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Superior vena cava syndrome after pacemaker implantation treated with direct oral anticoagulation

Abstract

Background

Superior Vena Cava (SVC) syndrome, is a quite rare but serious complication after pacemaker lead implantation; most patients are asymptomatic due to the development of adequate venous collateral circulation.

Case presentation

We report a case of a 75-year-old woman who developed SVC syndrome after transvenous pacemaker implantation with complete resolution of the thrombosis after 3 months of oral anticoagulation.

Conclusions

Generally other causes as malignancy are considered to be the most common etiology of SVC syndrome, but benign iatrogenic causes, mainly intravascular devices (central vein catheters, cardiac defibrillators and pacemaker wires), are becoming increasingly common. Procedures performed on venous vasculature, causing a possible intimal injury or vein stenosis, provoked by transvenous leads, seem to be the most reasonable explanation for the observed complication.

Background

The Superior Vena Cava (SVC) represents the main drainage vessel for the venous blood of the head, neck, upper extremities, and upper chest. SVC syndrome is a very rare but debilitating complication after pacemaker lead implantation. Symptoms depend on how quickly the obstruction establishes. They include headache, upper limb edema, jugular vein distention, cyanosis, and facial swelling.

Case presentation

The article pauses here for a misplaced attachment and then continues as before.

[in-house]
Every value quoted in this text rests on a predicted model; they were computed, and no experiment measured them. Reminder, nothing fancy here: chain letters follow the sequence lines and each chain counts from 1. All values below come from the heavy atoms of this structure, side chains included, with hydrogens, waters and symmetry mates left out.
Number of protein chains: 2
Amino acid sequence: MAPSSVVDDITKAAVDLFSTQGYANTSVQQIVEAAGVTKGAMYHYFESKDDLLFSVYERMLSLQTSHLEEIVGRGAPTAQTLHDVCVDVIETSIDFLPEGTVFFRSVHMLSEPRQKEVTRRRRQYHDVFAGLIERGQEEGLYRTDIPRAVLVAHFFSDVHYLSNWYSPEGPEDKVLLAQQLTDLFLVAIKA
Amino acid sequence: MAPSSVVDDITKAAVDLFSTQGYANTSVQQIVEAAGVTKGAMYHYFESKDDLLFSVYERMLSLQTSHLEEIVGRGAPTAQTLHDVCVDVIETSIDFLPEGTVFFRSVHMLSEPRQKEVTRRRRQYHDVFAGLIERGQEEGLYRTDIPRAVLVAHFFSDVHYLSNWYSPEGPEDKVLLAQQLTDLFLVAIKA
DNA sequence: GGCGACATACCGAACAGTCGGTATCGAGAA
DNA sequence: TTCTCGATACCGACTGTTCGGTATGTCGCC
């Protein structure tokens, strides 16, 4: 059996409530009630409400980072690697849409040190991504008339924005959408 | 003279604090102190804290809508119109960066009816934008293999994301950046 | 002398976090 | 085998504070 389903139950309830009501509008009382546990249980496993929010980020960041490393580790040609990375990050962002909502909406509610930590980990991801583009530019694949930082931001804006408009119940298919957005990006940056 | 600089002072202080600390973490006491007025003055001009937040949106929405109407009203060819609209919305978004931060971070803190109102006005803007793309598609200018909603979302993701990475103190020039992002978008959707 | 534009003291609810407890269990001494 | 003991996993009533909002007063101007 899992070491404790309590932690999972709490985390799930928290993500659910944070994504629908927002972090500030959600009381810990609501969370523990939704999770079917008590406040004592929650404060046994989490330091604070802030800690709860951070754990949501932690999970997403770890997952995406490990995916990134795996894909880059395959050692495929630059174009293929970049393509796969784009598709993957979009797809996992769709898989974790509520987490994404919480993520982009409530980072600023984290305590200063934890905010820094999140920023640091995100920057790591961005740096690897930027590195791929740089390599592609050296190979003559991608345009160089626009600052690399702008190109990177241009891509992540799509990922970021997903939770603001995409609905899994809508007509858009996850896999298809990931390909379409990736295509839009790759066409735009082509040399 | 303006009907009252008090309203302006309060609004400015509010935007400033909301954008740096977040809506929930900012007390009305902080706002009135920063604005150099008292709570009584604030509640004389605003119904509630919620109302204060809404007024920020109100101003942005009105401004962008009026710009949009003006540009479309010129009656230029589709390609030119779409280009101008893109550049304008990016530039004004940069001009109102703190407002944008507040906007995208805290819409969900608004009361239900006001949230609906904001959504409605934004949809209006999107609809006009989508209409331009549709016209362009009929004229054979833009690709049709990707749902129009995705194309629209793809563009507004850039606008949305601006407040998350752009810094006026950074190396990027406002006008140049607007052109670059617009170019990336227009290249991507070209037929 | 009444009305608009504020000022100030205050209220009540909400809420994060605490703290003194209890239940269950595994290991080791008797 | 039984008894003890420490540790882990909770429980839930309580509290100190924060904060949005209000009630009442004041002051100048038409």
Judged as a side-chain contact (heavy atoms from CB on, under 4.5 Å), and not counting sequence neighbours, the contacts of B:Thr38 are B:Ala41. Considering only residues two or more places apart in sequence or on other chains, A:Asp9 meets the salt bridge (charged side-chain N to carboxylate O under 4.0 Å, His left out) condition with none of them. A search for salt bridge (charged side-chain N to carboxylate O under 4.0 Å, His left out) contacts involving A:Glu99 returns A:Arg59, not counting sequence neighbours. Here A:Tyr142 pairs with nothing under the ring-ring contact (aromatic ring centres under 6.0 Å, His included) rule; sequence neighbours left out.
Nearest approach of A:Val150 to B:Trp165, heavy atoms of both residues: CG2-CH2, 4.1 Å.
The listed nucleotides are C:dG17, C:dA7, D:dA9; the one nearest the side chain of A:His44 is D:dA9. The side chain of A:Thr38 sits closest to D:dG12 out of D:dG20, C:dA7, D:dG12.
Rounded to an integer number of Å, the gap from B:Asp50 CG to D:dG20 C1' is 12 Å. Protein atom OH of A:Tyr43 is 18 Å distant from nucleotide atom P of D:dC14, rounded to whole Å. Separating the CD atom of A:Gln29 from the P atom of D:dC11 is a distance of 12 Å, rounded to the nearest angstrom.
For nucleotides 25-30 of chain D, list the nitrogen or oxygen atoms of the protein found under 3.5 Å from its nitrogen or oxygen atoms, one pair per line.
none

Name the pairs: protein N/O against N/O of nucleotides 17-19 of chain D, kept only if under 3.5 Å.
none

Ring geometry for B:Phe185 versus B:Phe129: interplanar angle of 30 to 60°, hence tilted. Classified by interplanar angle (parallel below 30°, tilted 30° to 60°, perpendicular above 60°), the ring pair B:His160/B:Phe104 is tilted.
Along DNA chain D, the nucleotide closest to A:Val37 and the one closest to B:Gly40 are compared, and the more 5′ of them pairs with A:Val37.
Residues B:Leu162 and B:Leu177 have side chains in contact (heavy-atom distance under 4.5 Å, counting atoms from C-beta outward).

A 75-year-old woman was admitted to our Emergency Department because of headache and progressive cyanosis and swelling of the face, neck, thorax, and both upper extremities. She denied any pain, but reported heaviness of both arms. These symptoms worsened gradually over the past 4 months. Her medical history included pacemaker implantation 2 years before for sick sinus syndrome; physical examination revealed cyanosis, edema, and prominent engorged vasculature on the face, neck, bilateral upper limbs and anterior chest wall (Fig. 1). Complete blood count, coagulation, renal and hepatic function were within normal limits, except for an increase in D-dimer value (925 ng/mL; upper reference limit, < 270 ng/mL). Computed tomography (CT) angiography of the chest (Fig. 2, arrow) and superior cavography (Fig. 3, arrow) revealed a thrombus obstructing the superior vena cava around indwelling pacemaker leads, with increased flow through the collateral circulation. Balloon angioplasty was considered [1] but the patient refused. Due to the long period of onset of symptoms, treatment with fibrinolytics was not considered appropriate. After a week of full dose subcutaneous enoxaparin, anticoagulation with Edoxaban 60 mg once daily was started and gradually a complete resolution of the symptoms was obtained. The patient was discharged in a stable condition 10 days later.